Jury in Stephen Tompkinson’s GBH trial retires to consider their verdict

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Jury in Stephen Tompkinson’s GBH trial retires to consider their verdict

Actor Stephen Tompkinson faces a nervous overnight wait as the jury retired to consider their verdict in his GBH case - after his lawyer told the

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Actor Stephen Tompkinson faces a nervous overnight wait as the jury retired to consider their verdict in his GBH case – after his lawyer told them he had ‘everything to lose’ and wasn’t a ‘showbiz hellraiser’. 

The 57-year-old DCI Banks star is accused of punching a man who was drunkenly making noise outside the actor’s home in the early hours of May 30, 2021. 

But Nicholas Lumley KC, defending Tompkinson, said he was an actor ‘sought out by producers because of his calmness’ and asked: ‘Why would he risk throwing away that hard earned reputation?’

Mr Lumley said that in showbusiness ‘there may be hellraisers who wear their reputation as some sort of badge of honour and trade on it’ but Tompkinson had always been a true professional, describing him as ‘acting royalty’. 

He said he was no criminal, commenting: ‘Whatever he did he did in self-defence and what he did was reasonable and no more than many of us would have done.’ His client denies causing grievous bodily harm. 

Stephen Tompkinson arriving at Newcastle Crown Court today for the fourth day of his GBH trial

Stephen Tompkinson arriving at Newcastle Crown Court today for the fourth day of his GBH trial

Stephen Tompkinson arriving at Newcastle Crown Court today for the fourth day of his GBH trial

Challenging Tompkinson’s account, prosecutor Michael Bunch said the actor ‘snapped’ and ‘lashed out’ at Karl Poole, causing him to suffer a fractured skull when he fell and hit his head on the pavement following the alleged blow.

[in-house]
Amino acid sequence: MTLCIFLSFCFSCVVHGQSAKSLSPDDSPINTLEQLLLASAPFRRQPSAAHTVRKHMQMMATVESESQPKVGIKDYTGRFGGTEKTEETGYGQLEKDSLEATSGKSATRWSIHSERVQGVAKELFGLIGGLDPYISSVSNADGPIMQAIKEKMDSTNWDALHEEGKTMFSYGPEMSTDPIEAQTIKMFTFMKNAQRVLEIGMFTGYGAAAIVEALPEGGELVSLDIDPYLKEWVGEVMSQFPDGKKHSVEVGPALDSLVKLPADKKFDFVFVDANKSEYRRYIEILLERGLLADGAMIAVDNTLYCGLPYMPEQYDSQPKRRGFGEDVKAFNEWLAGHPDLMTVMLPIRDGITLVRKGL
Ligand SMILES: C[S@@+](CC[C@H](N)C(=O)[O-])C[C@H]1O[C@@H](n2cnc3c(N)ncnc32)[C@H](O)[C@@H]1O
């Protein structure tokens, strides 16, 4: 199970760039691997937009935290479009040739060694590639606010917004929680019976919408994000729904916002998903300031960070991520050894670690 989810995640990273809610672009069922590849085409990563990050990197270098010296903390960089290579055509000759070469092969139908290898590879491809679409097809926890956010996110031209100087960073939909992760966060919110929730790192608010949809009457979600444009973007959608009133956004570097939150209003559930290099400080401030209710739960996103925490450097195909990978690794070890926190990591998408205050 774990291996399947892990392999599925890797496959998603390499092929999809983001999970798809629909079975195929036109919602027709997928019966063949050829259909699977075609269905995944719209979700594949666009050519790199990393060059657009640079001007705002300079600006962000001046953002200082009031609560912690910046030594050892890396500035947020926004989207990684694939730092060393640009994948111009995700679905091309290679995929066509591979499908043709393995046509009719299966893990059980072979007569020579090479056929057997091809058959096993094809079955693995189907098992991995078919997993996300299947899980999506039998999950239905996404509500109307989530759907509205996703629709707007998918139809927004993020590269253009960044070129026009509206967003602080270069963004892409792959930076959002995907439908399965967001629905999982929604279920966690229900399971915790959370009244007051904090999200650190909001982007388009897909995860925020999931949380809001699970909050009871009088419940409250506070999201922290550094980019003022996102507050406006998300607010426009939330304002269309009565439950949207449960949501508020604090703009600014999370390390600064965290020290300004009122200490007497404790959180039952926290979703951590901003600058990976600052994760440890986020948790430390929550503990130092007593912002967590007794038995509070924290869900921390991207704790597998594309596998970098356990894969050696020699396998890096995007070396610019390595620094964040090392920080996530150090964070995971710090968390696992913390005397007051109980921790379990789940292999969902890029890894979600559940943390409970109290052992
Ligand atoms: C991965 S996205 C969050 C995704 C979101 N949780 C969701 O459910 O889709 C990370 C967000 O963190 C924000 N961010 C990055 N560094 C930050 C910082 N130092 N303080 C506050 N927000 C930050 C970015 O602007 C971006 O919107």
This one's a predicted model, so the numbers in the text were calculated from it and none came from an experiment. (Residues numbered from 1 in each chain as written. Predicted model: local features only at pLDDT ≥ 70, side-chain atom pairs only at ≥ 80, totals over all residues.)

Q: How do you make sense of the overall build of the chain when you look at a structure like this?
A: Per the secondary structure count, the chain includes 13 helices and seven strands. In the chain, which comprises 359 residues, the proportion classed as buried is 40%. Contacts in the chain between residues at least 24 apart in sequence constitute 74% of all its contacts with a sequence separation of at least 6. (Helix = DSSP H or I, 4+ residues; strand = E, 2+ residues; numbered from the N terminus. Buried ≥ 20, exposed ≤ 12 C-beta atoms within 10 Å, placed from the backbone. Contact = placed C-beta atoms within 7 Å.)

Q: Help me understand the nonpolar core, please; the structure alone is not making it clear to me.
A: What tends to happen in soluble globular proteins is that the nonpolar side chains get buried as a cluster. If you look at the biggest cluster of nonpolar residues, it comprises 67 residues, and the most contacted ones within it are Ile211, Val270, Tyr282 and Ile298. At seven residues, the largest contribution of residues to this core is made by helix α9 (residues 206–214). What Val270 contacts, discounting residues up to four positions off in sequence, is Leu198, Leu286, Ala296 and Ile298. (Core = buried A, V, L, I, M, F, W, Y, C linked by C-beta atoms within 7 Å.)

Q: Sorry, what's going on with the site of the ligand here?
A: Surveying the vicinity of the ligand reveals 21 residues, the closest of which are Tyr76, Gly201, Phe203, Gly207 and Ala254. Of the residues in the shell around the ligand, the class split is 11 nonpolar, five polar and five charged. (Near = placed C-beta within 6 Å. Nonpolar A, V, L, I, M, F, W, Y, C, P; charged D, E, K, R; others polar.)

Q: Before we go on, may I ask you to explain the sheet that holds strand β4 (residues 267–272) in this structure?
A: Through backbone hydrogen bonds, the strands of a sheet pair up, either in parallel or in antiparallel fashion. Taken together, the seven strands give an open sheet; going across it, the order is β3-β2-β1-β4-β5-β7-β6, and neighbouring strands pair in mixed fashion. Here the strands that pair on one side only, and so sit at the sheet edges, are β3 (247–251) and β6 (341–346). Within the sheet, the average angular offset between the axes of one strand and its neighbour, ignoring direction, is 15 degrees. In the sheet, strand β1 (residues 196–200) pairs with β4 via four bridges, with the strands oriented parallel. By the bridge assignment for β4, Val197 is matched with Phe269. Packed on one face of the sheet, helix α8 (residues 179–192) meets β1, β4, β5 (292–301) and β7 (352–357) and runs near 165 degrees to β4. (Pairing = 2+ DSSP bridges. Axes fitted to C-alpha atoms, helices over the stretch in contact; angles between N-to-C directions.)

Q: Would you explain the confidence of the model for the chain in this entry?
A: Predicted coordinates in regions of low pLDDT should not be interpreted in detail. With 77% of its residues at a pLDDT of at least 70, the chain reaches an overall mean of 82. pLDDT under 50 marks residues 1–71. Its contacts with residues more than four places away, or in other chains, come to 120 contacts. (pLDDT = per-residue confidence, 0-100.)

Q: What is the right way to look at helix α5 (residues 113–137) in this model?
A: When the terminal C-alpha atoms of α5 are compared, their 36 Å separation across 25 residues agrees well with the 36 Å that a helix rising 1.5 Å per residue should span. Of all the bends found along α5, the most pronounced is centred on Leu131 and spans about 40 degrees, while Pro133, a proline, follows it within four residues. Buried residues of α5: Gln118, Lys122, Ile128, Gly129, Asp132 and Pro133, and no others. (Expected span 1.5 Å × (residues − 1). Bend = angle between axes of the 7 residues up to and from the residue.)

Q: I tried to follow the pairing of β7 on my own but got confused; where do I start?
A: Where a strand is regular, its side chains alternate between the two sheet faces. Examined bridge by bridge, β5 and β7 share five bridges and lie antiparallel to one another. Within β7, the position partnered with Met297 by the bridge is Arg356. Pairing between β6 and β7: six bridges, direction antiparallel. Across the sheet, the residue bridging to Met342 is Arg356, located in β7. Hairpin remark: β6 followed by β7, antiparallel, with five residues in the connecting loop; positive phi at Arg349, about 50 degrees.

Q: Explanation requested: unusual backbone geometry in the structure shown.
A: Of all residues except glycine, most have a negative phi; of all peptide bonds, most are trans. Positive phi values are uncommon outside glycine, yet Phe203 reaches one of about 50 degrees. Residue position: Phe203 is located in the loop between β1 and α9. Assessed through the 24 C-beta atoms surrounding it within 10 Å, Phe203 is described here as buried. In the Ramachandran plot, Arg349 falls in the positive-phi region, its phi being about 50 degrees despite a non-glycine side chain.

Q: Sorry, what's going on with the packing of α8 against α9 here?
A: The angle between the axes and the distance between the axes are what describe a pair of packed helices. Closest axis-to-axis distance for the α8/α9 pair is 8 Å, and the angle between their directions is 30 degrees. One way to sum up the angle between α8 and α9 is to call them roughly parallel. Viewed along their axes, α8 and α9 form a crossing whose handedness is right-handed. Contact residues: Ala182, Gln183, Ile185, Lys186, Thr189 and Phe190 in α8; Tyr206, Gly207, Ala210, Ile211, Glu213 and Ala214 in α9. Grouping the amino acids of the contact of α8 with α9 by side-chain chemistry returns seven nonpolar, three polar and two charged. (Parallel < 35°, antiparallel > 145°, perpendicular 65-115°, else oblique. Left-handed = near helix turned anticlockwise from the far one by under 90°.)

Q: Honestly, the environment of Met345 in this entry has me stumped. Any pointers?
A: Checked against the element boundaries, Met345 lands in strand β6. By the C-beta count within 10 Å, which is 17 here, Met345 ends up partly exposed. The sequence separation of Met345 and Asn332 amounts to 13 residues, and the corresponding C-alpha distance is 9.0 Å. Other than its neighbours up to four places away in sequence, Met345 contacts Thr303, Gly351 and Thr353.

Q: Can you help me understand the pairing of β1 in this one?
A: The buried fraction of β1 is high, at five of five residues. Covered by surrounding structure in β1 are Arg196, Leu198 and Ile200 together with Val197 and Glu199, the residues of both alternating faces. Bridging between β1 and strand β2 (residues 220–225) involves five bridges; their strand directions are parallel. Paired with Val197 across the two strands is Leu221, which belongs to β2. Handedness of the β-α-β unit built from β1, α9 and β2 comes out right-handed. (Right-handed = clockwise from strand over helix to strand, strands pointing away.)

He described him as an ‘expert’ performer, adding: ‘He can deliver a line.’

The court heard friends Karl Poole and Andrew Hall had been for a dip in the sea at Whitley Bay, North Tyneside, after an all-night drinking session and were falling over laughing yards from Tompkinson’s house.

In a confrontation with the defendant that followed, Mr Poole ended up unconscious on the ground with fractures to his skull.

Mr Bunch said ‘nobody is saying he wanted to cause significant harm to either of them’ but he suggested Tompkinson ‘snapped and lashed out.’

The prosecutor dismissed character references about the successful actor as insignificant, asking the jury: ‘How many of us can say we have never lost our temper?’

He added: ‘We all have things that antagonise us and cause us to react in ways we are not proud of later.’

He told jurors the ‘central question of the case’ was how Mr Poole ended up unconscious on the road.

‘Was Mr Poole punched by the defendant in anger or was the anger Mr Poole’s when the defendant challenged him over his drunken condition?’

A witness allegedly saw Tompkinson slap Karl Poole before punching him in the head

Mr Bunch said the actor had also been ‘utterly callous’ in filming video clips of the stricken Mr Poole on the ground while his friend tended to him as they awaited the arrival of paramedics.

And he told the jury the defendant was ‘evasive’ in not telling police officers details of what happened when they arrived at the scene.

Mr Bunch insisted Tompkinson ‘lost his temper’ and ‘punched’ the stranger and the ‘evidence shows the defendant is guilty.’

But Mr Lumley said the neighbour who watched the incident from her bedroom window was ‘honestly mistaken’ in her unbiased account of what she saw from 100ft away.

‘Few things in life are certain,’ he said. 

Mr Lumley told the jury he did not claim neighbour Caroline Davidson ‘made up’ her testimony that she saw Tompkinson floor Mr Poole with a punch to his head from his left hand. 

But he said she was mistaken and that the ‘really key feature or prop’ in the case was Tompkinson’s phone which he allegedly clutched in his left hand – while on hold awaiting to speak to the police – throughout the incident.

Mr Lumley said: ‘Like a teenager that phone didn’t leave his hand.’

He said if he had been ‘intent on violence’ the phone would have been an ‘impediment.’

He added: ‘It’s quite impossible to clench a fist, to make a fist around a phone and to punch.’

The jury has retired to consider their verdict.  

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